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Pollution from China Doesn't Stay There

A new study reveals two findings on air pollution spewing from China's coal-burning factories. First, the pollution blows to the U.S and other nations. Second, 20% of the pollution can be traced to Western demand for cheap goods from those factories.
January 22, 2014, 8am PST | Irvin Dawid
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"About one-fifth of the pollution China spews into the atmosphere comes from producing goods for export to the United States and other countries, according to the paper [PDF] by a group of scientists that was published [Jan. 20] in the Proceedings of the National Academy of Sciences (PNAS)," writes Tony Barboza.

In six days, winds can blow the smog and particulates that cloak China's eastern cities to the U.S and "spread pollution levels over the West Coast of up to 75 percent of federal standards," writes John Metcalfe of The Atlantic Cities.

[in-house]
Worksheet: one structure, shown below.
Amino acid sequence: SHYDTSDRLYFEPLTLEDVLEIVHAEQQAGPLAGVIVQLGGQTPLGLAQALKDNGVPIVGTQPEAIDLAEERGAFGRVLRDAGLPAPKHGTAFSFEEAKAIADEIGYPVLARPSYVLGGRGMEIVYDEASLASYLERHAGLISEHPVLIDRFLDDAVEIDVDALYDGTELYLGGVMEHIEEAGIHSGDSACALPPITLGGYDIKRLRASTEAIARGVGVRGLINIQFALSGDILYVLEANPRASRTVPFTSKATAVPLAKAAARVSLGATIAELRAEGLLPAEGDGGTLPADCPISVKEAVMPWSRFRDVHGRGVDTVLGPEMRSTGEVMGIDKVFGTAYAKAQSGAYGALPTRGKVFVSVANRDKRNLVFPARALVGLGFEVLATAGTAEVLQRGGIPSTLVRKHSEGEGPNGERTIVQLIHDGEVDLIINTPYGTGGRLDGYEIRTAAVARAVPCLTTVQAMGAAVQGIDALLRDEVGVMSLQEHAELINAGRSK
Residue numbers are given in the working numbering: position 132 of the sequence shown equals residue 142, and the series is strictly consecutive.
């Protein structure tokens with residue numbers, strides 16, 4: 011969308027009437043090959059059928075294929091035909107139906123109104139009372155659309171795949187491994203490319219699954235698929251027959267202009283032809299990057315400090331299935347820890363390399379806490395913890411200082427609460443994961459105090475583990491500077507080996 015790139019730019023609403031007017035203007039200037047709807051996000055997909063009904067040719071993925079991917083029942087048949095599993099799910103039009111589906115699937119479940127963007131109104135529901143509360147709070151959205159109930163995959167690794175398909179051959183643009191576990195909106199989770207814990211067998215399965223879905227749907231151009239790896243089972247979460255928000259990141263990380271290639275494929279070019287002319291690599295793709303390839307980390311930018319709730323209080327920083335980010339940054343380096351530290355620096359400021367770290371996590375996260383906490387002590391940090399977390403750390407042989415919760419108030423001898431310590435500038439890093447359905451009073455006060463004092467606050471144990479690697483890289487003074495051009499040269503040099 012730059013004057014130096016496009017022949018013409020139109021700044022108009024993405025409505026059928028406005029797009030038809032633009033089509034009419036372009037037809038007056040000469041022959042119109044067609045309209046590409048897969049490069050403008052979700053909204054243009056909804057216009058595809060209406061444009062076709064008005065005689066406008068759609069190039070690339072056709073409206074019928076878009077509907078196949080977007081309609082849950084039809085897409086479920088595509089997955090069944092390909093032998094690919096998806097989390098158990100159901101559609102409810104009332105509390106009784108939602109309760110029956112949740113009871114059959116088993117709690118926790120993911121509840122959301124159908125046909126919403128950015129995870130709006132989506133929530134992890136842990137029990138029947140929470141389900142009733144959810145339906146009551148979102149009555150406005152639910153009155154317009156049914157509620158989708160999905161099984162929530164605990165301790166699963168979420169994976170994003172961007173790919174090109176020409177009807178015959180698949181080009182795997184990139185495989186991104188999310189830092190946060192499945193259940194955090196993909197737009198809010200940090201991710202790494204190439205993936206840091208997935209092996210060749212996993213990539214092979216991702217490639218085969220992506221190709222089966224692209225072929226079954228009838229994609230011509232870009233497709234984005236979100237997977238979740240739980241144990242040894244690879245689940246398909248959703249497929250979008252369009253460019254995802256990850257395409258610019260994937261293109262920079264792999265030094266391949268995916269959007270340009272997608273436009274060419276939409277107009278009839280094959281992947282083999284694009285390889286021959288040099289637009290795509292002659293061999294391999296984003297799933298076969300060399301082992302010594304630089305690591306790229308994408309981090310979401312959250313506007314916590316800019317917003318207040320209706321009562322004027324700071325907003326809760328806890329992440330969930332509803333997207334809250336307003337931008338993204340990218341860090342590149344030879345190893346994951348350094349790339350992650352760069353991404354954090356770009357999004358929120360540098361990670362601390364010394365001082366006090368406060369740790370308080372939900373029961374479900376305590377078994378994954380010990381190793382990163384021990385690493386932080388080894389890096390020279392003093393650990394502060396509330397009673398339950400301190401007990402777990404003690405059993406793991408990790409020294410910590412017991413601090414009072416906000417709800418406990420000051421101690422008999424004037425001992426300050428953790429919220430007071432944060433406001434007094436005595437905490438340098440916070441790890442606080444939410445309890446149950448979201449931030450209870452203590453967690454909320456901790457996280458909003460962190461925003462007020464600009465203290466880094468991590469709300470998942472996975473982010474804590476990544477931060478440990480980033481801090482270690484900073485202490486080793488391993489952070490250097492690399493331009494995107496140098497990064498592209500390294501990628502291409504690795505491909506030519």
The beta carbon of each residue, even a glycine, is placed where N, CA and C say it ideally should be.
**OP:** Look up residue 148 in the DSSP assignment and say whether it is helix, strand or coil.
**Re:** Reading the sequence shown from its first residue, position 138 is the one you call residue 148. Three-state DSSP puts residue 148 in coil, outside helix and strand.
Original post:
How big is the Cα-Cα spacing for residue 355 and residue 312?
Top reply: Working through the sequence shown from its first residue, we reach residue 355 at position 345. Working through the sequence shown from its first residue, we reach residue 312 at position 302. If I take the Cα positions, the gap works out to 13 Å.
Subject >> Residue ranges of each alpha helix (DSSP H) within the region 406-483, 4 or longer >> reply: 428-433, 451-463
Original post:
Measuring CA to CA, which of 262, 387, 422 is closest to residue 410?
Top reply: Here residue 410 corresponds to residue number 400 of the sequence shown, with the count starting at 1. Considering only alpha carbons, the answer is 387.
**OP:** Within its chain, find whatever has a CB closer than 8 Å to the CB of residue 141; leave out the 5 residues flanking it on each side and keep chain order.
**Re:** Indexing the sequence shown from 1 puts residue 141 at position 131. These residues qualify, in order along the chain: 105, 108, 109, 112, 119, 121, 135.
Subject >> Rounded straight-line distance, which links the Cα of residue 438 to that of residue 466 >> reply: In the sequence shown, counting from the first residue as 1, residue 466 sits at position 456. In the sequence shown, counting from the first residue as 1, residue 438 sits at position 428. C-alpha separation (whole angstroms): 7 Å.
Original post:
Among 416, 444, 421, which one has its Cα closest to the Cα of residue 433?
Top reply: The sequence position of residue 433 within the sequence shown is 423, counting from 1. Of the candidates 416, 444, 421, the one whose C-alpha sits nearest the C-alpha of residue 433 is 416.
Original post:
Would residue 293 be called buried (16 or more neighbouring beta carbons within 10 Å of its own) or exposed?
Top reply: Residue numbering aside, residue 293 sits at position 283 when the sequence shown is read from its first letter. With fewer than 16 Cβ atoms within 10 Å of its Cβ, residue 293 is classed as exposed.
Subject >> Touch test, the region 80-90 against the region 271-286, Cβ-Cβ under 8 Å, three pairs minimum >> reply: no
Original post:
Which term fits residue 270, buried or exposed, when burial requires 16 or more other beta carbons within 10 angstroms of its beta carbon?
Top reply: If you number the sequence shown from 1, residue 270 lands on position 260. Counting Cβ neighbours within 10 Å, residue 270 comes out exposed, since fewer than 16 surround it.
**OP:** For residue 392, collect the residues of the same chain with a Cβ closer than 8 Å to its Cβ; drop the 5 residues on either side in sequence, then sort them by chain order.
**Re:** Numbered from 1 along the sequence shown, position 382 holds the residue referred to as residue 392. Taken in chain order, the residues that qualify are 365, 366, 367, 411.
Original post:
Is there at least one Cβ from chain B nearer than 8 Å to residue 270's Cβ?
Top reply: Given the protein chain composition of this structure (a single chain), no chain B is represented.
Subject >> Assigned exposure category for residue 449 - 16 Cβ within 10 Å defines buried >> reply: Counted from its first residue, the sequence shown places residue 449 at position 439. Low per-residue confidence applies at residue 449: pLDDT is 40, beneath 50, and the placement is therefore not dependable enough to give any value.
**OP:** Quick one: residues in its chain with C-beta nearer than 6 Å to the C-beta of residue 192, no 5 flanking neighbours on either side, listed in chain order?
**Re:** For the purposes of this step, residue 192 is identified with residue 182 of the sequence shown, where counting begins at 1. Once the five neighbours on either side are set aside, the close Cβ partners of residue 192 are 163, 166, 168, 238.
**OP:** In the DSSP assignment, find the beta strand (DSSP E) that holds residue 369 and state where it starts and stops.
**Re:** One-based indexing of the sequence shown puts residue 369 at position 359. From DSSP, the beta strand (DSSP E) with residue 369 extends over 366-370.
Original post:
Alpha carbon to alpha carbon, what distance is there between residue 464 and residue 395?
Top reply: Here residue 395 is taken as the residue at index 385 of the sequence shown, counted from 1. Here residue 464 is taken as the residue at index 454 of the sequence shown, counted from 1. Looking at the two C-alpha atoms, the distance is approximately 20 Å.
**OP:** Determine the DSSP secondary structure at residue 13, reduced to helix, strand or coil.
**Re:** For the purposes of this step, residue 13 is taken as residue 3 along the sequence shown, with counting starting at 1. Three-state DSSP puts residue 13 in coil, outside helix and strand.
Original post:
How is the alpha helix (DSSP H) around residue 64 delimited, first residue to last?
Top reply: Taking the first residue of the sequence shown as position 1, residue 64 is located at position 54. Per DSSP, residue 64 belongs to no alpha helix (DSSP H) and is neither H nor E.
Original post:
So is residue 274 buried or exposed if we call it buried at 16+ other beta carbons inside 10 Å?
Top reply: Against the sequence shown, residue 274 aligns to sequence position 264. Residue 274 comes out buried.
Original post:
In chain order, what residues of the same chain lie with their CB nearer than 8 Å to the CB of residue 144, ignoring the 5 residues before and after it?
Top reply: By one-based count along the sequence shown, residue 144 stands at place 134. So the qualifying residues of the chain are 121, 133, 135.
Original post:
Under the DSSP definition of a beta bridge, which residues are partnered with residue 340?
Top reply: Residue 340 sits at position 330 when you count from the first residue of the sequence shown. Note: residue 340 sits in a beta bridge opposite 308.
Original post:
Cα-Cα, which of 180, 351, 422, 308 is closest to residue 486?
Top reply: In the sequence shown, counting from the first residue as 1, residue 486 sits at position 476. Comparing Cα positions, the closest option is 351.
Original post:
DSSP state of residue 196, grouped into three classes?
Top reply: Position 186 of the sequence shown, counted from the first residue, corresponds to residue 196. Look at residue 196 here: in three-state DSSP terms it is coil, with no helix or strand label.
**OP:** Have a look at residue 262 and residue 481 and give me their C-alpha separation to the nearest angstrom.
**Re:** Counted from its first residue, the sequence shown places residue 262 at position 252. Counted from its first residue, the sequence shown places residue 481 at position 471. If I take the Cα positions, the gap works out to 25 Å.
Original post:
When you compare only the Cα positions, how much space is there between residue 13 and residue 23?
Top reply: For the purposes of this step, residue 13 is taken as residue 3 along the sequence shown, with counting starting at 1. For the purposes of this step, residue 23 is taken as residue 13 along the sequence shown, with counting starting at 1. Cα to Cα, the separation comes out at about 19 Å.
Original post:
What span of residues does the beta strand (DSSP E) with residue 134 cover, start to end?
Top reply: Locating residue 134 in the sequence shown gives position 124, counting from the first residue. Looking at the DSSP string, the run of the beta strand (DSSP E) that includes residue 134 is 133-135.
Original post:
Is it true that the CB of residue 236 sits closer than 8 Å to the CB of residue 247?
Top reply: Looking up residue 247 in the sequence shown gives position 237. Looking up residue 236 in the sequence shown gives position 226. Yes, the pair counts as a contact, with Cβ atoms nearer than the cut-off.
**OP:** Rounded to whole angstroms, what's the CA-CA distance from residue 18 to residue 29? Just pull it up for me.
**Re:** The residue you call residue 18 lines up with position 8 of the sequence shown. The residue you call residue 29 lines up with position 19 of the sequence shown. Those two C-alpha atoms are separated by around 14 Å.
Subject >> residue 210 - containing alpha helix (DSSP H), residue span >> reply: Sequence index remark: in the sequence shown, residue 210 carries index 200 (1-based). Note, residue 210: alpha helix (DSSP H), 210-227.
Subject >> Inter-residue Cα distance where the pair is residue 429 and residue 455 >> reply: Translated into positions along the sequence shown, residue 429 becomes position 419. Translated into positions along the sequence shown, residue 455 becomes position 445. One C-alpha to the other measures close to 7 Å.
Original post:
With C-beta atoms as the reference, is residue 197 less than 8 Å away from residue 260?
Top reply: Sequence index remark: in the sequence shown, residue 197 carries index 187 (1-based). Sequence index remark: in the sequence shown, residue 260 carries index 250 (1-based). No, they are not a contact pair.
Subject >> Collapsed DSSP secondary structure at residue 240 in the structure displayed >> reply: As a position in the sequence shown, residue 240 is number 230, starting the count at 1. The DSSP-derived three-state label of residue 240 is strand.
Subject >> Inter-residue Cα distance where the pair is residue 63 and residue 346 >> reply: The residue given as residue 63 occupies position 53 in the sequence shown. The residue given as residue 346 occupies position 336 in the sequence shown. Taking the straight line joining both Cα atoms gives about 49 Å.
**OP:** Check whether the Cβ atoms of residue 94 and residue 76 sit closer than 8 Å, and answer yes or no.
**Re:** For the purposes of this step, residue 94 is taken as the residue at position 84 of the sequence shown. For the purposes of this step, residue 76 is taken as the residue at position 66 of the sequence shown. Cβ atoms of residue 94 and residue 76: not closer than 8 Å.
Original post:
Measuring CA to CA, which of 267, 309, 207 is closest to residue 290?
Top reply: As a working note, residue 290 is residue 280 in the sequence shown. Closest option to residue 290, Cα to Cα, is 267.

These transported pollutants explain why air pollution levels "have remained at a high level during 2000–2009 even as emissions produced in the United States, Europe, and Japan have decreased,” the scientists wrote. 

The paper is a reminder that U.S. demand for cheap imports from China has a way of blowing those environmental problems back at us, said Steve Davis, an Earth system scientist at UC Irvine and co-author of the study.

In The New York Times, Edward Wong writes that Jintai Lin, a professor in the department of atmospheric and oceanic sciences at Peking University’s School of Physics and lead author of the paper, "said he hoped that the research would stimulate discussion of adopting consumption-based accounting of emissions, rather than just production-based accounting."

Davis went beyond air pollution and linked the report to climate change, expressing "hope that the findings would be used by world governments working to craft international agreements to limit emissions of carbon well as short-lived air pollutants that are responsible for poor air quality around the globe."

Wong notes that last July, PNAS "published a paper by other researchers that found a drop in life spans in northern China because of air pollution," also posted here.

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Published on Monday, January 20, 2014 in Los Angeles Times - Science Now
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